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Grazing occultation predictions for Australia and New Zealand are supplied courtesy of the International Occultation Timing Association (I.O.T.A.) in the U.S. They are computed and despatched by Alfred Kruijshoop in Melbourne.


This section describes the format of the grazing occultation predictions available for download from this site. Predictions are generated by one of two sources:

The explanation below describes the IOTA-generated predictions. However the OCCULT predictions are very similar in format.

The predictions consist of two parts - the Predicted Path and the Lunar profile:

  1. The predicted path page gives general information about the graze. This includes:

    It also gives a series of latitudes and longitudes which define a line on the Earth's surface. This line, called the "predicted limit" is one where the star would just appear to skim along the limb of a smooth-limb moon. For each latitude/longitude point the following information is given:

    For a more complete description of the quantities on the first page click here.

  2. The profile page gives a diagram of the expected shape (profile) of the Moon's limb at the point of occultation. On this diagram:

    Note that the zero kilometre line always corresponds to the "predicted limit" line defined by the co-ordinates on the first page of the predictions. North is always to the top, and south always to the bottom.

    The shadow of the mountains shown in the profile sweeps across the Earth as the graze takes place. By placing observers an appropriate distance north or south of the predicted limit, each will see a different "slice" of mountain. By combining their differing timings you should later be able to build up a complete picture of the shape of the lunar mountains at the position of the graze.

The information in the lunar limb profile is based on data compiled by C.B. Watts of the U.S. Naval Observatory in the 1950s. It was Watts' life work to micrometrically measure the height of mountains on the edge of the Moon from thousands of photographs taken at different position angles, and at different librations. This was a mammoth task, as the irregularities on the moon's limb as seen from Earth are exceedingly small. So it is not surprising that the Watts profiles often contain errors. The purpose of grazing occultation observations is to try to correct these limb profiles.


  1. First, print out the predictions and profile using a non-proportional font such as Courier 10 point. (This will ensure that the proportions on the lunar limb diagram on the second sheet will remain correct).

  2. Now, very carefully, plot the latitude and longitude given on the first sheet on a map of about 1:50,000 scale or better. (N.B: When plotting on New Zealand maps pay careful attention to the notes in the appendix below). Remember that the plotted line gives the "predicted limit" - i.e. the line on the Earth along which the star would seem to graze the edge of a perfectly smooth Moon.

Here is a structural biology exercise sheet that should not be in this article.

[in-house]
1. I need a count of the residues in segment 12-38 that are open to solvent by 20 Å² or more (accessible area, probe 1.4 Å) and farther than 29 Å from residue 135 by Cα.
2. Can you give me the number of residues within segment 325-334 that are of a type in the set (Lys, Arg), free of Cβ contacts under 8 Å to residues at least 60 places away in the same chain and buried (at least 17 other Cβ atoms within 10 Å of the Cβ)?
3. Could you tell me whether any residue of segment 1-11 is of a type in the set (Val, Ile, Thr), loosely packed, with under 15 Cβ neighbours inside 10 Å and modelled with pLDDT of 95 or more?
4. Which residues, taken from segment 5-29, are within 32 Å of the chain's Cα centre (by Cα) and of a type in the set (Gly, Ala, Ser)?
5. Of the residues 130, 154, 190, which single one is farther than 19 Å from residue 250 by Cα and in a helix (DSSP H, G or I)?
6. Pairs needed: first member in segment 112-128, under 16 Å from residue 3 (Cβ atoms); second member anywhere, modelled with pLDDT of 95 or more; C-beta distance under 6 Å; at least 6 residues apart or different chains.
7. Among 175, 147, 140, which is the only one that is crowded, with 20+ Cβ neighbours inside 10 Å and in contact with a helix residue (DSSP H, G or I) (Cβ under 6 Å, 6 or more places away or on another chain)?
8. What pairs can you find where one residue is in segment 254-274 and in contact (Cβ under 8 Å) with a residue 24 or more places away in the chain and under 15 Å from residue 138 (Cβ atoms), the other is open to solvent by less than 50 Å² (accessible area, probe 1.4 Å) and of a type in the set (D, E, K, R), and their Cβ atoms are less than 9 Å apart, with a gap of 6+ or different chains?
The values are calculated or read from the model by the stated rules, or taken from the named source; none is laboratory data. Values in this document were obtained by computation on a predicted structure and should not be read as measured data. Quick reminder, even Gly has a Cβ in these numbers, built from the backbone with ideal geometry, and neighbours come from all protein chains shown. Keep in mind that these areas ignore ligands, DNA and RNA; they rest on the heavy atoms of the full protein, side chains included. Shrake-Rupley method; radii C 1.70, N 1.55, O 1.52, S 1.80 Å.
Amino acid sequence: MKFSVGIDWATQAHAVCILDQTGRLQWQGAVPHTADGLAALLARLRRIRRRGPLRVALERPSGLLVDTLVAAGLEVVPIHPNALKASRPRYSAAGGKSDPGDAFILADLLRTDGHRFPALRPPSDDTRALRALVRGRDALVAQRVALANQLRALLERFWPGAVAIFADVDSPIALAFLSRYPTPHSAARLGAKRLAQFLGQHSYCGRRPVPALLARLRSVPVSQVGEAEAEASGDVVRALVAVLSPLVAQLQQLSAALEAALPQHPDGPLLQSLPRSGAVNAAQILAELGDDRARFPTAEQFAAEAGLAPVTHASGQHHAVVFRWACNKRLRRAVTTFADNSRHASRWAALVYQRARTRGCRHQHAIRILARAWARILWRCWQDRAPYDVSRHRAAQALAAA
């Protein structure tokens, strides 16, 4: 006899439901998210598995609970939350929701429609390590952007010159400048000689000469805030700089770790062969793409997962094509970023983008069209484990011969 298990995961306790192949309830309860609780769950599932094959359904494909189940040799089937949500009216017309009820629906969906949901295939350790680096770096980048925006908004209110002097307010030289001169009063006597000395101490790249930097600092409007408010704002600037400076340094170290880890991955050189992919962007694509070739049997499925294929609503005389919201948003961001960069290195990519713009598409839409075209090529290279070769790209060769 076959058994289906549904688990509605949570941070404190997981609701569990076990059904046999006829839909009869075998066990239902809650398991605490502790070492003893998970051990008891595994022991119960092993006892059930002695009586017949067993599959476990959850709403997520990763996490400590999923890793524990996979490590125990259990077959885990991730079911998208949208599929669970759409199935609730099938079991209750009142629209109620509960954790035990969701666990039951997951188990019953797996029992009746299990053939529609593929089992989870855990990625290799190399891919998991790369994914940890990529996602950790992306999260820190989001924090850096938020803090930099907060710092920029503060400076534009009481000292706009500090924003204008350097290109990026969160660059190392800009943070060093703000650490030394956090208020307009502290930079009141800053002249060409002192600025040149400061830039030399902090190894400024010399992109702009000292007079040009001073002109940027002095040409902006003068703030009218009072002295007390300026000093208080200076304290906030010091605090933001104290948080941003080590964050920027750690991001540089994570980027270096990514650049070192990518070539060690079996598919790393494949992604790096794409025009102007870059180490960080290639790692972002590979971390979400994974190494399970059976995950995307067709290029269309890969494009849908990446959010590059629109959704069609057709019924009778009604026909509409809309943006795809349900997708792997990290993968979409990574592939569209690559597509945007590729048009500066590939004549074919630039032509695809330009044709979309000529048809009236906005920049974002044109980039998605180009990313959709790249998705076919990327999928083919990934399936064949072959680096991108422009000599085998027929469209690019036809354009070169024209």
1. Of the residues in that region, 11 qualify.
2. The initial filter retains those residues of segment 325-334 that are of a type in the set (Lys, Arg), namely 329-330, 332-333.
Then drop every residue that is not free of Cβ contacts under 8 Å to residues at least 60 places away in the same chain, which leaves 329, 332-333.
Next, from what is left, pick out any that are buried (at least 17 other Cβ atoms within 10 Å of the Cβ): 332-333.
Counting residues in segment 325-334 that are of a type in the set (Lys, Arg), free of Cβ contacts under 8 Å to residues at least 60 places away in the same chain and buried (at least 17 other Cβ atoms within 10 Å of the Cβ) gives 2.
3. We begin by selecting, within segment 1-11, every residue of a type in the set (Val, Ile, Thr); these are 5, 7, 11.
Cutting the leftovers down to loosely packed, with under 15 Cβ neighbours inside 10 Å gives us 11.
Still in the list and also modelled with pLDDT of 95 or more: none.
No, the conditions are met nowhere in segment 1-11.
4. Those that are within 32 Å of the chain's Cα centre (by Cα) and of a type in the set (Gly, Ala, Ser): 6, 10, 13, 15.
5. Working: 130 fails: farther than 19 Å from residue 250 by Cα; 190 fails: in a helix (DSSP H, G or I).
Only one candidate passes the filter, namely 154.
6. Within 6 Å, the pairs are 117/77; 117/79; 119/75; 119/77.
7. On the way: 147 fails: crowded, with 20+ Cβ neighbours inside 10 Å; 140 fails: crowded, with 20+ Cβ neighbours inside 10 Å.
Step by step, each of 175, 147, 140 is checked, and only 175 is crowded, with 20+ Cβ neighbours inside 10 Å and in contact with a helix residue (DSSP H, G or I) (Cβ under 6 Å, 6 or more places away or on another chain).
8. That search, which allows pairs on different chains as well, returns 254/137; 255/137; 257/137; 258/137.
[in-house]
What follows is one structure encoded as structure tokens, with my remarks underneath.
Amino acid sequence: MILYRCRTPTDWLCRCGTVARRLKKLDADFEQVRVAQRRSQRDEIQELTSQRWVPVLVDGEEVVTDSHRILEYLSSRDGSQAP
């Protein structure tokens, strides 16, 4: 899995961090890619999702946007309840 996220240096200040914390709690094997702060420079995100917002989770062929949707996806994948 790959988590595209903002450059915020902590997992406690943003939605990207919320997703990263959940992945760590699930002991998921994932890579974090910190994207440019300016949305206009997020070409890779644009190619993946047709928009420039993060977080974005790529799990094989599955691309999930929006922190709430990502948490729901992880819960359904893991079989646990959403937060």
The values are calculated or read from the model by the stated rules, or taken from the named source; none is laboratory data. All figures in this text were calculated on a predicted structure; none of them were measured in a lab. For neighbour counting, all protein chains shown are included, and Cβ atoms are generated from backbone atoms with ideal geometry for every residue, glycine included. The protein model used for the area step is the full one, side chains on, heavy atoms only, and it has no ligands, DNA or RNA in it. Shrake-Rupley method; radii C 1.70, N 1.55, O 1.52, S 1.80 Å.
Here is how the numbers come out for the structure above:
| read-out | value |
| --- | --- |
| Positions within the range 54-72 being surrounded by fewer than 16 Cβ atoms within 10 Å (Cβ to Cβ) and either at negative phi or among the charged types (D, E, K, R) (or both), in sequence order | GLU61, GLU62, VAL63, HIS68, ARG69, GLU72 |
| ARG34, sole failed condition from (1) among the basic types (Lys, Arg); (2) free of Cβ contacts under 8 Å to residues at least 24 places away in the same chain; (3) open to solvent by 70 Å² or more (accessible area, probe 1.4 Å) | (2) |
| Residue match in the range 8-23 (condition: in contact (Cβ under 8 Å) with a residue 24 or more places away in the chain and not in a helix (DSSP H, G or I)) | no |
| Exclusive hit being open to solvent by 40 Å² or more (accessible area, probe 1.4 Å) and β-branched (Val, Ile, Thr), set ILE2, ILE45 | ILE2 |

3. On the second sheet, join the x's and *'s to give an idea of what mountains are expected at this point on the edge of the Moon. Note that the profile you draw is exaggerated by about 20 times in the vertical direction. You should now have a "feel" for the shape of the Moon's edge at the position of the graze, and this will help you when it comes to placing observers on the ground.

  4. Recall that down the right hand side of the profile sheet are given distances in kilometres. These are perpendicular to the predicted limit - i.e. perpendicular to the line you have plotted on your map; north is towards the top and south towards the bottom. Using the shape of the profile, the kilometre marks, and the limit line on your map, you can now choose positions for your observers at intervals either perpendicularly north or south of the limit line. (Your observers do not need to be all exactly on the same line perpendicular to the limit line - a degree of spreading in the east/west direction is quite permissable. But what is important is to remember not to put two observers the same perpendicular distance from the limit line - because then they will see the same events!).

    To obtain best coverage you can for example place several observers reasonably close together (although generally at not less than about 100 metre intervals) at places where many disappearances and reappearances might be expected. Conversely, at fairly uninteresting places on the profile observers might be more widely separated.

    Observing stations for grazing occultations should be set up at easily identifiable points (e.g. road intersections), because if the graze is successful you will need to determine the latitude and longitude of those points to an accuracy of 1" and height to within 30 metres. (See the appendices about measuring from maps). This means that in practice you invariably have to find a reasonable compromise between a position whose co-ordinates can be determined fairly easily, and an interesting region on the profile.